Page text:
Don't even think of trying to bully us, Whitehall warns the WHO
Don’t even think of trying to bully us, Whitehall warns the WHO following threat the UK could be forced into future lockdowns against our will
- The World Health Organisation was branded ‘China’s puppet’ by Donald Trump
Global health chiefs were yesterday told to forget drawing up pandemic powers that could force Britain into another lockdown.
MPs, a minister and the Foreign Office all expressed concerns about the World Health Organisation trying to impose protocols on member states in future outbreaks.
They fear the UN agency wants to ‘transition from an advisory organisation to a controlling international authority’. It is negotiating new rules for dealing with pandemics, and has a target date of next May for a legally binding agreement.
The WHO was branded ‘China’s puppet’ by Donald Trump and critics during the pandemic for its failure to challenge Beijing over its early handling of the health crisis.
Among its proposed amendments are a requirement for the UN’s 194 member countries to recognise it as the global authority on public health measures. If passed, there are fears that it would enable the WHO to impose border closures, quarantines, lockdowns or vaccine passports on member countries.
(Stock Photo) The WHO was branded ‘China’s puppet’ by Donald Trump and critics during the pandemic for its failure to challenge Beijing over its early handling of the health crisis
But MPs have sent a letter to the Foreign Office calling on it to block powers that ‘appear to intrude materially into the UK’s ability to make its own rules and control its own budgets’.
Organised by Esther McVey, the letter calls for a Commons vote on the draft treaty and regulations.
‘There is, rightly, growing concern about the WHO’s pandemic treaty and international health regulations,’ said Ms McVey.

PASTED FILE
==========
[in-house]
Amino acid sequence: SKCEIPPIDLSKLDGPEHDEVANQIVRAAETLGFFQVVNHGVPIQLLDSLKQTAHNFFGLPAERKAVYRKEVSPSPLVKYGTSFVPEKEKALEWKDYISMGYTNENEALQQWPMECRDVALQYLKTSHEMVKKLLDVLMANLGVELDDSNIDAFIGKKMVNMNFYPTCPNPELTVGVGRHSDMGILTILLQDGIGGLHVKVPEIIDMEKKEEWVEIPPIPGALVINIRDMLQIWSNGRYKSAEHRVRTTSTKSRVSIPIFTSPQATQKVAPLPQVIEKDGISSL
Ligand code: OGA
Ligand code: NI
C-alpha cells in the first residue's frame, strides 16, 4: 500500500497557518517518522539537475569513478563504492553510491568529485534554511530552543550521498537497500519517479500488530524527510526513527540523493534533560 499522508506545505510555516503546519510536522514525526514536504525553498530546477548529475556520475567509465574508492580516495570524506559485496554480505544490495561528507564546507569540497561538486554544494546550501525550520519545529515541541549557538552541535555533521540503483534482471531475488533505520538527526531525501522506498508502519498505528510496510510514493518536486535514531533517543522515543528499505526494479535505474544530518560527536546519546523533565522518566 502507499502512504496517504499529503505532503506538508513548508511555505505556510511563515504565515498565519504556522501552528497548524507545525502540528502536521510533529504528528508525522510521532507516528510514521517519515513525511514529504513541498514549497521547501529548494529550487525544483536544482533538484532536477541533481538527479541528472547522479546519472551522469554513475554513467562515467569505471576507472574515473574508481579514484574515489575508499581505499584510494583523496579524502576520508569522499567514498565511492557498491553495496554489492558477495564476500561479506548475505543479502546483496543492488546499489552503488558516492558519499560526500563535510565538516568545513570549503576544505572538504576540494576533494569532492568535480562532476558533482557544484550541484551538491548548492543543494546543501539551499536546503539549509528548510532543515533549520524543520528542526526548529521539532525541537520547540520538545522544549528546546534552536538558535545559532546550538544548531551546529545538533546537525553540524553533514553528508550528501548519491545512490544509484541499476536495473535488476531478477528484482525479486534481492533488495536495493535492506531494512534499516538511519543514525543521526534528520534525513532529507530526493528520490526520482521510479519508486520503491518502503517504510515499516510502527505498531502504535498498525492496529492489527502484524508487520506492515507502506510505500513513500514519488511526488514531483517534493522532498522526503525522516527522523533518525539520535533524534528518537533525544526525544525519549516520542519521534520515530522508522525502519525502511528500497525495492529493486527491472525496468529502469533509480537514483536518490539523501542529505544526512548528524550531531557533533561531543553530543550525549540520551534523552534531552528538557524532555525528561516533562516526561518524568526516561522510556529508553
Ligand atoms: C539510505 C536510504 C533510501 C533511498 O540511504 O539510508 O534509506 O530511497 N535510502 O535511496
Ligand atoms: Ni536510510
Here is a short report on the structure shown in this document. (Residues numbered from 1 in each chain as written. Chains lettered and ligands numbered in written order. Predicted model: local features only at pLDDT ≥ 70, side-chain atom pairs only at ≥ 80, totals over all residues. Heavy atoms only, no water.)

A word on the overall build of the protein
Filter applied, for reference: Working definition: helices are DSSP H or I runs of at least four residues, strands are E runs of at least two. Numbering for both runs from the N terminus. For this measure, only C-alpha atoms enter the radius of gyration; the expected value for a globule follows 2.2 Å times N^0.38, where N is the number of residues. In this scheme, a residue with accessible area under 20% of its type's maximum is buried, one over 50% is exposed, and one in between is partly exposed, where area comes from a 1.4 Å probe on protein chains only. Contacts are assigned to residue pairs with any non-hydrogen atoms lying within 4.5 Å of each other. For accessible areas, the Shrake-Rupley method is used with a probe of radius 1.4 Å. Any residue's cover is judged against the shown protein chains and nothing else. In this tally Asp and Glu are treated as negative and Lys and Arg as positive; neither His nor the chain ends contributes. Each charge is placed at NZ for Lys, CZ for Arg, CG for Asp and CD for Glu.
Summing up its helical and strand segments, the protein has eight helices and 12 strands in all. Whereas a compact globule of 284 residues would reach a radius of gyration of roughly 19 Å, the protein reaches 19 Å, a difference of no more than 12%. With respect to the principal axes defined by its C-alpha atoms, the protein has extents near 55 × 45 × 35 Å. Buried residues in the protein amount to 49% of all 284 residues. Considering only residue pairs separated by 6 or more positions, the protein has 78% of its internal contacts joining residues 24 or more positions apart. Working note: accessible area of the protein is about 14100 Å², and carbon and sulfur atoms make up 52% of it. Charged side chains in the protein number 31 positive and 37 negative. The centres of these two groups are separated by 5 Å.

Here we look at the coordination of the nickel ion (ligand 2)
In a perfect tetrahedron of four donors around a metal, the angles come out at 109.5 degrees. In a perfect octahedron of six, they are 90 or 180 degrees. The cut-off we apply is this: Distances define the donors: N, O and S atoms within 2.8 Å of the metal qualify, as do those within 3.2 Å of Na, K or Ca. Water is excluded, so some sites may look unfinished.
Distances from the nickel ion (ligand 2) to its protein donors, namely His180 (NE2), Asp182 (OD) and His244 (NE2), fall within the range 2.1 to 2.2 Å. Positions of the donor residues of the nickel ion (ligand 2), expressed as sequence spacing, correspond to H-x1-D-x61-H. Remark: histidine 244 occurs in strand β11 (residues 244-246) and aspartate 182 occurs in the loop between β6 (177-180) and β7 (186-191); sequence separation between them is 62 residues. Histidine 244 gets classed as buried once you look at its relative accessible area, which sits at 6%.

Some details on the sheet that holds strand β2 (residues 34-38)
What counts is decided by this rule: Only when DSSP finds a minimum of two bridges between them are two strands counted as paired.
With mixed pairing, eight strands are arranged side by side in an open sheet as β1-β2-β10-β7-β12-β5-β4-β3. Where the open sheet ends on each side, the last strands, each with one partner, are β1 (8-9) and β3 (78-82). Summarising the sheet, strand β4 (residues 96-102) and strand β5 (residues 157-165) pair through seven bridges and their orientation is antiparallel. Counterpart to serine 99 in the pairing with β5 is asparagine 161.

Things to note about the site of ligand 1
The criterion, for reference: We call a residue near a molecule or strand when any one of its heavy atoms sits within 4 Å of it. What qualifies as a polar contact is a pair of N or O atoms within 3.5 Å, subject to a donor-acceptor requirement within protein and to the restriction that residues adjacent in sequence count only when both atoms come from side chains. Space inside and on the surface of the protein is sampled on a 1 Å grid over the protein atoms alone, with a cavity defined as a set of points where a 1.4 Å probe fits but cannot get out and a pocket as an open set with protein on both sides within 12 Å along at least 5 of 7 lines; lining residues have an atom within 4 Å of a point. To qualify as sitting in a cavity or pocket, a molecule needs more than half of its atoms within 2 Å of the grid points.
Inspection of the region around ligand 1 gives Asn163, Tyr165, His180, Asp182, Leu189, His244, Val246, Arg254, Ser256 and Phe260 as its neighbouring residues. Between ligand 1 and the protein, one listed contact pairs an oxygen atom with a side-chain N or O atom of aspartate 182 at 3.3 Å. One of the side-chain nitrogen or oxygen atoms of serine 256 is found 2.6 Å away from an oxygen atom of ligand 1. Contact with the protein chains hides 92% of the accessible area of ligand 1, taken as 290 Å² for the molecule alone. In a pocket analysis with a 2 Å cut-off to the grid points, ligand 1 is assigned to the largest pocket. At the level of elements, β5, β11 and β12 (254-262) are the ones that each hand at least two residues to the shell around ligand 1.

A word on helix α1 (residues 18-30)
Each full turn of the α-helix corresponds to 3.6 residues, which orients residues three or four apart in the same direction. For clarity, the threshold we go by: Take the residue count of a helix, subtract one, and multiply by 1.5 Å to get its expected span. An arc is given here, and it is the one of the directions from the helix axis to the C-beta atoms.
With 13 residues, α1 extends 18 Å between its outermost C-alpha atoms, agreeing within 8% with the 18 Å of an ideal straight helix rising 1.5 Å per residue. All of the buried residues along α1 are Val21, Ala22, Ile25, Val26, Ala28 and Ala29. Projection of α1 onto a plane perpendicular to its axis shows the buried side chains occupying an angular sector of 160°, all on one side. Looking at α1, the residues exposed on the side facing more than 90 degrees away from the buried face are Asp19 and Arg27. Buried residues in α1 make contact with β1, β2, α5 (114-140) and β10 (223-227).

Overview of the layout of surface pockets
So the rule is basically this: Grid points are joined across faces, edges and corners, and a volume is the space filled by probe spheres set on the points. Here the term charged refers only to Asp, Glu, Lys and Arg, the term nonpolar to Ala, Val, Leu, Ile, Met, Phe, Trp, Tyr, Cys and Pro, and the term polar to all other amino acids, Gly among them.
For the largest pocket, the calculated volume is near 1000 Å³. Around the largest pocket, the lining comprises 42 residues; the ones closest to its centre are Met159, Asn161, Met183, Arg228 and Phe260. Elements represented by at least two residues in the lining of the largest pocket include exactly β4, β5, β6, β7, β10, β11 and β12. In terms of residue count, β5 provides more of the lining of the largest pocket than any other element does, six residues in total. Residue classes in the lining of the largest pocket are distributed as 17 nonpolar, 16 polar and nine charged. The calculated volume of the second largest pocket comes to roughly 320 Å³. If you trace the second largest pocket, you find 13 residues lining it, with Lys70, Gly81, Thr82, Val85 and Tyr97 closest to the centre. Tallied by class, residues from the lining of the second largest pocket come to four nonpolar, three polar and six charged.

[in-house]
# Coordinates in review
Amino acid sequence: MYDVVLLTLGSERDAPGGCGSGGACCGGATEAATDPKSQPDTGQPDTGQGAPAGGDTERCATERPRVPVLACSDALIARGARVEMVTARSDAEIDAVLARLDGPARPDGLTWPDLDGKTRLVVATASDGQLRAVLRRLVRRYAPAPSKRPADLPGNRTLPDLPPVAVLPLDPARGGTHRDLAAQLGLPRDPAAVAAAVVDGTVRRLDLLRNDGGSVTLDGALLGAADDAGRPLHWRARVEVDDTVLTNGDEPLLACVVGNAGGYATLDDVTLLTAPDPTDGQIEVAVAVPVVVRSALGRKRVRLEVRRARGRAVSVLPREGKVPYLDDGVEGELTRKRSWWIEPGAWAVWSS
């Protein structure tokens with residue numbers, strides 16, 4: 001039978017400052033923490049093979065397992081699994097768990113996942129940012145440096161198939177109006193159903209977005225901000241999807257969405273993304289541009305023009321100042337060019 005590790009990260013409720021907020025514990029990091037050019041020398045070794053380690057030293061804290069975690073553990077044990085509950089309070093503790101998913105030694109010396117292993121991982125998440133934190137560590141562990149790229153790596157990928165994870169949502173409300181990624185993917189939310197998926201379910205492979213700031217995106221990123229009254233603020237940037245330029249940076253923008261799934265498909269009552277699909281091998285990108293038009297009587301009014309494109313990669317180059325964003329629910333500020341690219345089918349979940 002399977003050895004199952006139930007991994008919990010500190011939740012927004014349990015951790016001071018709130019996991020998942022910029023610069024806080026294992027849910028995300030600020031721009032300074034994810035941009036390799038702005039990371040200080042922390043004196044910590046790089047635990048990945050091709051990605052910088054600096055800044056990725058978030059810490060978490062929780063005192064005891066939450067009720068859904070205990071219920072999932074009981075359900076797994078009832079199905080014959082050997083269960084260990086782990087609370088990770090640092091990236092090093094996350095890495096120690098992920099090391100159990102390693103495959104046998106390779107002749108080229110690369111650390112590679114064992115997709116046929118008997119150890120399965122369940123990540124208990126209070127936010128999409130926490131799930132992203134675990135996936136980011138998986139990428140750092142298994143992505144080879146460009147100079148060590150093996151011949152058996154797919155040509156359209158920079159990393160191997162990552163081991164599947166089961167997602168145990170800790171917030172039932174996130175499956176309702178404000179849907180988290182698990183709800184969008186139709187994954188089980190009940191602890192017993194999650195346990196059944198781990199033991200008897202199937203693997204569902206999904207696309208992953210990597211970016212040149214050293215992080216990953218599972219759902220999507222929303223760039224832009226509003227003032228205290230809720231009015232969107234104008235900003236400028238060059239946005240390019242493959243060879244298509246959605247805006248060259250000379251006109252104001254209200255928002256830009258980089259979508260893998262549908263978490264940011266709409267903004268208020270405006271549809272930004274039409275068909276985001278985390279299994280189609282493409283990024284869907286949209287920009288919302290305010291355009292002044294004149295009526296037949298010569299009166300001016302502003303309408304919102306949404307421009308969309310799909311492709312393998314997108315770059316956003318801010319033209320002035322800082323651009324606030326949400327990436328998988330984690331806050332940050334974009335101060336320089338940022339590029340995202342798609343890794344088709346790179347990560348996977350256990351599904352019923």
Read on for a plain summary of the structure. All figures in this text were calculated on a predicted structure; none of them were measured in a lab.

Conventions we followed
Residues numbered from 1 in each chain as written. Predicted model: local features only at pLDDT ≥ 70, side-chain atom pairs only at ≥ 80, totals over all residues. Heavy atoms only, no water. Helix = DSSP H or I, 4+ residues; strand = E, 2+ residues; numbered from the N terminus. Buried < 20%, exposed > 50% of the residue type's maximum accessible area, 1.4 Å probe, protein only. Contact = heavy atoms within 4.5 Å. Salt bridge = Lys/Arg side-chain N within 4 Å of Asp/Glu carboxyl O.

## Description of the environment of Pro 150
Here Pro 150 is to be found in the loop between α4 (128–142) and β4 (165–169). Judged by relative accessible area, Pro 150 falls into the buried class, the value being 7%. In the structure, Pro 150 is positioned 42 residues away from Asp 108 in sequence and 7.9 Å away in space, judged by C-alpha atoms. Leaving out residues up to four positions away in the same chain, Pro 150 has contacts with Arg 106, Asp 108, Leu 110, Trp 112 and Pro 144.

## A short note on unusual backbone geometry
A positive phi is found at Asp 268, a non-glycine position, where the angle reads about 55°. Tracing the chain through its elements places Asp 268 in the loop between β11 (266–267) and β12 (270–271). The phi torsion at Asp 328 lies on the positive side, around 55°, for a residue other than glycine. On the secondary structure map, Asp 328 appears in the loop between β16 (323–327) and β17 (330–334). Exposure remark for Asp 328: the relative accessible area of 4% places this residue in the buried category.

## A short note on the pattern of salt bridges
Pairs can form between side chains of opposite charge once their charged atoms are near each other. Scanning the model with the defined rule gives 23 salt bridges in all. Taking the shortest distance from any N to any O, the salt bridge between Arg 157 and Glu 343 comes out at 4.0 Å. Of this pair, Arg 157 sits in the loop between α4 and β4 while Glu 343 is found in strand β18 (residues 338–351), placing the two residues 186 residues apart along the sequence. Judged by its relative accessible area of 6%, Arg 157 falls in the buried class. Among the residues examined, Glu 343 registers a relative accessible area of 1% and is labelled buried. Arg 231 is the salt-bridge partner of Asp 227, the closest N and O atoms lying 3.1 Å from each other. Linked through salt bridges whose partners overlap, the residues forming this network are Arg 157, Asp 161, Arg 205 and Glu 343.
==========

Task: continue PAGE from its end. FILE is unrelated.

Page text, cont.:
‘The plans represent a significant shift for the organisation, from a member-led advisory body to a health authority with powers of compulsion.
‘This is particularly worrying when you consider the WHO’s poor track record on providing consistent, clear and scientifically sound advice for managing international disease outbreaks.’
Organised by Esther McVey, the letter calls for a Commons vote on the draft treaty and regulations
Tory MPs Sir John Redwood, David Davis, Philip Davies, Sir Christopher Chope and Danny Kruger have also signed the letter.
Foreign Office minister Andrew Mitchell told the Daily Telegraph: ‘The UK is supportive of the pandemic treaty currently being negotiated by national governments, which could speed up the sharing of data on new pandemic threats so we are able to respond quickly in the event of future pandemics.
‘We’re clear that we would never agree to anything that crosses our points of principle on sovereignty or prevents the UK from taking decisive action against future pandemics.’
A Foreign Office source said: ‘The decisions about how to handle the Covid global pandemic came down to decisions made by individual sovereign governments not global advisory bodies. There are no plans to change that.’
Molly Kingsley, founder of UsForThem, which campaigned against school closures and masks in classrooms, said: ‘This is a really, really unprecedented land grab by the WHO. You have to ask, who is the WHO to be granting themselves powers?’
She said the response of the UK Government justified her group’s concerns about the regulations proposed by the WHO.
The agency has been criticised for praising China’s Covid response, for taking too long to call the outbreak an international emergency and for advising countries against imposing travel bans. Its probe into the origins of Covid, which decided the Wuhan lab leak theory was ‘extremely unlikely’, was widely seen as a whitewash.
Since then its director-general has called for a new inquiry, saying: ‘All hypotheses remain open and require further study.’
A WHO spokesman said: ‘This is a process led by sovereign states and the WHO secretariat is facilitating the negotiations.
‘As with all international instruments, any amendments, if and when agreed by member states, would be determined by governments themselves, who would take any action while considering their own national laws and regulations.’
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